Writing and agents and screenplays...
Growing up I dreamed of three things. Finding my soul mate, moving to California and being a writer, preferabley for the big screen. I wanted to write novels too but felt that I needed life experience to actually type out a full length novel. Sometime in my twenty-nineth year I decided I had enough observations and details accumulated so I pounded out a four hundred page missive. I was positive it would be published within a year. I sent off a round of query letters. I re-edited the book and sent off more queries. I waited. I sent more letters. I tooled around with the book again. But no bites. Mind you, I must have sent off about two hundred and fifty queries and received back almost as many rejection letters. Prone to depression, its very easy for me to get down and negative but hey, I read The Secret. I knew all I had to do was be positive...right?
Marilyn is a character in Fifty Cents for Your Soul
Over the next several years I went on to write more novels with female lead characters. My hook was that every book was somehow either about life in Hollywood or set in Los Angeles, entertainment capital of the world. I always felt somewhat confident that somewhere in this great country was the perfect agent for me. I just had to find him or her, like a needle in a haystack. I remained hopeful- for a while. It has not happened. I want to say I've sent off a total of maybe six hundred query letters, shouldn't that be a record? Is there a prize? I don't know if there is an agent alive who represents womens fiction that hasn't heard from me.
When I finished with A Thousand Dollars for a Kiss, I was so fed up with looking for agents and sending letters and emails and waiting, and waiting and receiving those cold, brutal rejection letters, that I decided to go with a small publisher and just get my book out into the world. The publisher did not do any marketing or advertising and left to do it myself, I truly didn't know what to do or where to do. Calls to magazines to review the book went unreturned. Book Soup told me basically that since I was a nobody and couldn't bring in five hundred guests, I was not permitted to come in for a book signing. I persevered.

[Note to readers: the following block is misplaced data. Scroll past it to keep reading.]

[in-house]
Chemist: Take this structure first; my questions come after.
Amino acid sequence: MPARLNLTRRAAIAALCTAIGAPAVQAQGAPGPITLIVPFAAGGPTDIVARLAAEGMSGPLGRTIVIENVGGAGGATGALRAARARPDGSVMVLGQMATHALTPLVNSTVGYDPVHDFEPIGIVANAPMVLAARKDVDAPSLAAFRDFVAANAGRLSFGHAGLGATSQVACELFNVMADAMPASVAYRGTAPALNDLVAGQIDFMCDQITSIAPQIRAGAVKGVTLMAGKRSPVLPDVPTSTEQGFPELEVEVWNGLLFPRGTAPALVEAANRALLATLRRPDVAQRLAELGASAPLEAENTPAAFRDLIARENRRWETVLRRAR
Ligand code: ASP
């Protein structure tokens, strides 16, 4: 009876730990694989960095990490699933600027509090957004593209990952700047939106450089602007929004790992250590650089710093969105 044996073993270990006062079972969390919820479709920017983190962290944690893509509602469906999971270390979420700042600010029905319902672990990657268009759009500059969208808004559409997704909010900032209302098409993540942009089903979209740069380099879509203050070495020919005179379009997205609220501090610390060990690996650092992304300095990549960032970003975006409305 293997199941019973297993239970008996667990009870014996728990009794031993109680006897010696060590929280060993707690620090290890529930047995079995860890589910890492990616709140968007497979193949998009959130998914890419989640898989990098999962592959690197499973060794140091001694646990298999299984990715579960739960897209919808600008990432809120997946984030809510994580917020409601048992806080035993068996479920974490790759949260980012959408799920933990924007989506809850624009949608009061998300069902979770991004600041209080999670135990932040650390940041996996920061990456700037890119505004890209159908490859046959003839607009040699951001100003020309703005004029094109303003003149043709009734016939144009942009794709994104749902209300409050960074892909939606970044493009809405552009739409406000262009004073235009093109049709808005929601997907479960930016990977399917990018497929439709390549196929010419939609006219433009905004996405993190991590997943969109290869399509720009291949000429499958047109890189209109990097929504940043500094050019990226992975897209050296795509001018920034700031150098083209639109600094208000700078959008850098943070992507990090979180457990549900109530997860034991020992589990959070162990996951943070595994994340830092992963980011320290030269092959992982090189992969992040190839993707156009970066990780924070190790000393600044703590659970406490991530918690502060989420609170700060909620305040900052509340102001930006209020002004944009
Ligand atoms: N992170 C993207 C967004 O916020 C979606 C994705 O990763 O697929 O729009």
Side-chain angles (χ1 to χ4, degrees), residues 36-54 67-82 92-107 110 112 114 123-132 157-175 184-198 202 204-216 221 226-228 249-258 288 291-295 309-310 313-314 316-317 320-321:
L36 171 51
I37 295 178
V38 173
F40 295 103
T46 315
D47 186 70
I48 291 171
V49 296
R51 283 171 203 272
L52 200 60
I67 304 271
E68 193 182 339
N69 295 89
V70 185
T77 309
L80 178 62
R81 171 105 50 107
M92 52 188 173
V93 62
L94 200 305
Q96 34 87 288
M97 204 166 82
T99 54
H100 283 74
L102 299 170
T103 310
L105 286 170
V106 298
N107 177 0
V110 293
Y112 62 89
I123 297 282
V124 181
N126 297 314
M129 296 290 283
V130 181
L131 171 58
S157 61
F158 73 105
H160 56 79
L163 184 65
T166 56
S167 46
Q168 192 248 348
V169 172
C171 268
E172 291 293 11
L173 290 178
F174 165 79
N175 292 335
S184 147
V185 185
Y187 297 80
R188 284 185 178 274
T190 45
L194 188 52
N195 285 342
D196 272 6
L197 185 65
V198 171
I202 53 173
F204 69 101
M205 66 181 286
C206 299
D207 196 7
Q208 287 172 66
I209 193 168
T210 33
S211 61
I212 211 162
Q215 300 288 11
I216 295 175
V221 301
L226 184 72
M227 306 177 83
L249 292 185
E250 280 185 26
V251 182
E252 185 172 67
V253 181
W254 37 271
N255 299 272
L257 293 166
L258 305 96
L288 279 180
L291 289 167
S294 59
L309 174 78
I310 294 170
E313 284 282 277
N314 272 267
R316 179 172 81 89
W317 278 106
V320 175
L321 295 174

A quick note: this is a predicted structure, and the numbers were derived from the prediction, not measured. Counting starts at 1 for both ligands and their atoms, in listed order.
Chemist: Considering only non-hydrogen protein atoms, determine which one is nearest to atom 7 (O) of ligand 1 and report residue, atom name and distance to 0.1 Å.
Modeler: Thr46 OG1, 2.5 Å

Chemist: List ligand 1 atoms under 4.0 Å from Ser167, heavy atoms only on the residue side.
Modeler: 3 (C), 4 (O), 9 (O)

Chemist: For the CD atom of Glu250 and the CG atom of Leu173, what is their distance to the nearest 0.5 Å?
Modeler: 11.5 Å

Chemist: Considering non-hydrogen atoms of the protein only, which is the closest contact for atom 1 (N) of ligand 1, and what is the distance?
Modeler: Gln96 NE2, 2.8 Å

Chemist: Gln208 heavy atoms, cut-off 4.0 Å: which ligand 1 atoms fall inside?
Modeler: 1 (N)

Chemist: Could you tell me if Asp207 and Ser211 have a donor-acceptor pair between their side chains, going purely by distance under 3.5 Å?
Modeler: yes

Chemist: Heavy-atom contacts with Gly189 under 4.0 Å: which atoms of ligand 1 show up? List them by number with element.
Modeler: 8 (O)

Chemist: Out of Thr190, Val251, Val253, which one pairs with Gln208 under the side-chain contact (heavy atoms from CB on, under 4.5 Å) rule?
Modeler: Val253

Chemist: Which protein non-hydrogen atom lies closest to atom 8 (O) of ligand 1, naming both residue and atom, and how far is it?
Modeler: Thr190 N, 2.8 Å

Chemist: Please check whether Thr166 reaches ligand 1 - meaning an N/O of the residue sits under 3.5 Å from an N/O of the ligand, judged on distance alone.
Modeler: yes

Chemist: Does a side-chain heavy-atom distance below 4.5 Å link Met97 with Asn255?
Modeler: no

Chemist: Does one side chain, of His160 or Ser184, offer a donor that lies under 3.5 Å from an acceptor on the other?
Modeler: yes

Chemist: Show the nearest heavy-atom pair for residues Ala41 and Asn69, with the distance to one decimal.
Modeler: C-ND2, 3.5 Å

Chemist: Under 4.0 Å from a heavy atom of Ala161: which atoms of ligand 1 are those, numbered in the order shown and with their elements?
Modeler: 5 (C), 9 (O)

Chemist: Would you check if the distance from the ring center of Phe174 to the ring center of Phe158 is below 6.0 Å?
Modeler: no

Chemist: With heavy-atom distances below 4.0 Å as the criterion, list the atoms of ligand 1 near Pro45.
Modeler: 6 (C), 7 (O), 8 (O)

After writing my Marilyn Monroe book, Fifty Cents for Your Soul, I was determined to edit and revamp and perfect the novel before the giant agent search took place again. At this point, I felt like a true pro at not only crafting a query letter but writing a synopsis and researching agents. A very smart and successful novelist read my book, suggested a few changes so I rewrote the book.
Another round of queries and another round of rejections- although most query letters go unanswered. I'm beginning to think its me. It's not going to happen, is it? At what point does one give up, throw in the towel and say, screw it. But I can't give up because somewhere I do believe there is a person who will love my writing and my stories.
Sooooooo, having always dreamed about writing a screenplay, I am now finishing up on the screenplay version of my novel. I thought maybe if I can do both novel and screenplay, that would make me so much more valuable. But of course there are queries to send and agents to find....
The thought of sending out even more query letters and waiting fills me with a dread as heavy as cement boots. I figured surely when I hit five hundred query letters sent, statistically, the odds were in my favor, right? My writing is good, fun and light novels. My (unpublished) book got rave reviews from those novelist-friends who read it. What more can I do but keep moving forward?
In my mind, the movie of Fifty Cents for Your Soul is already cast. Rachel McAdams as a young Marilyn Monroe. Amy Adams as the main character of Barrett. Isla Fischer as Carly, Barrett's rap talking sister. Carol Kane as the mom, Lydia. Shirley MacClaine as Letty. It's just what female actresses say they want- an emsemble cast of strong females.
When I was nineteen years old, I started persuing my dream of being a writer. I wrote children's books and sent them to Harper Collins in a white envelope, saying Dear Sir or Madam...In my twenties I wrote and illustrated books and I learned more about writing and the whole query letter and agent deal. In my thirties, I wrote my celebrity gossip blog and tried vigorously to parlay that success into a publishing deal like so many other bloggers before (and after me).
I suppose if you want something bad enough, which I do, you just keep going and you don't give up. And if you hang in there long enough, maybe you will reach your goal. I don't know. We'll see.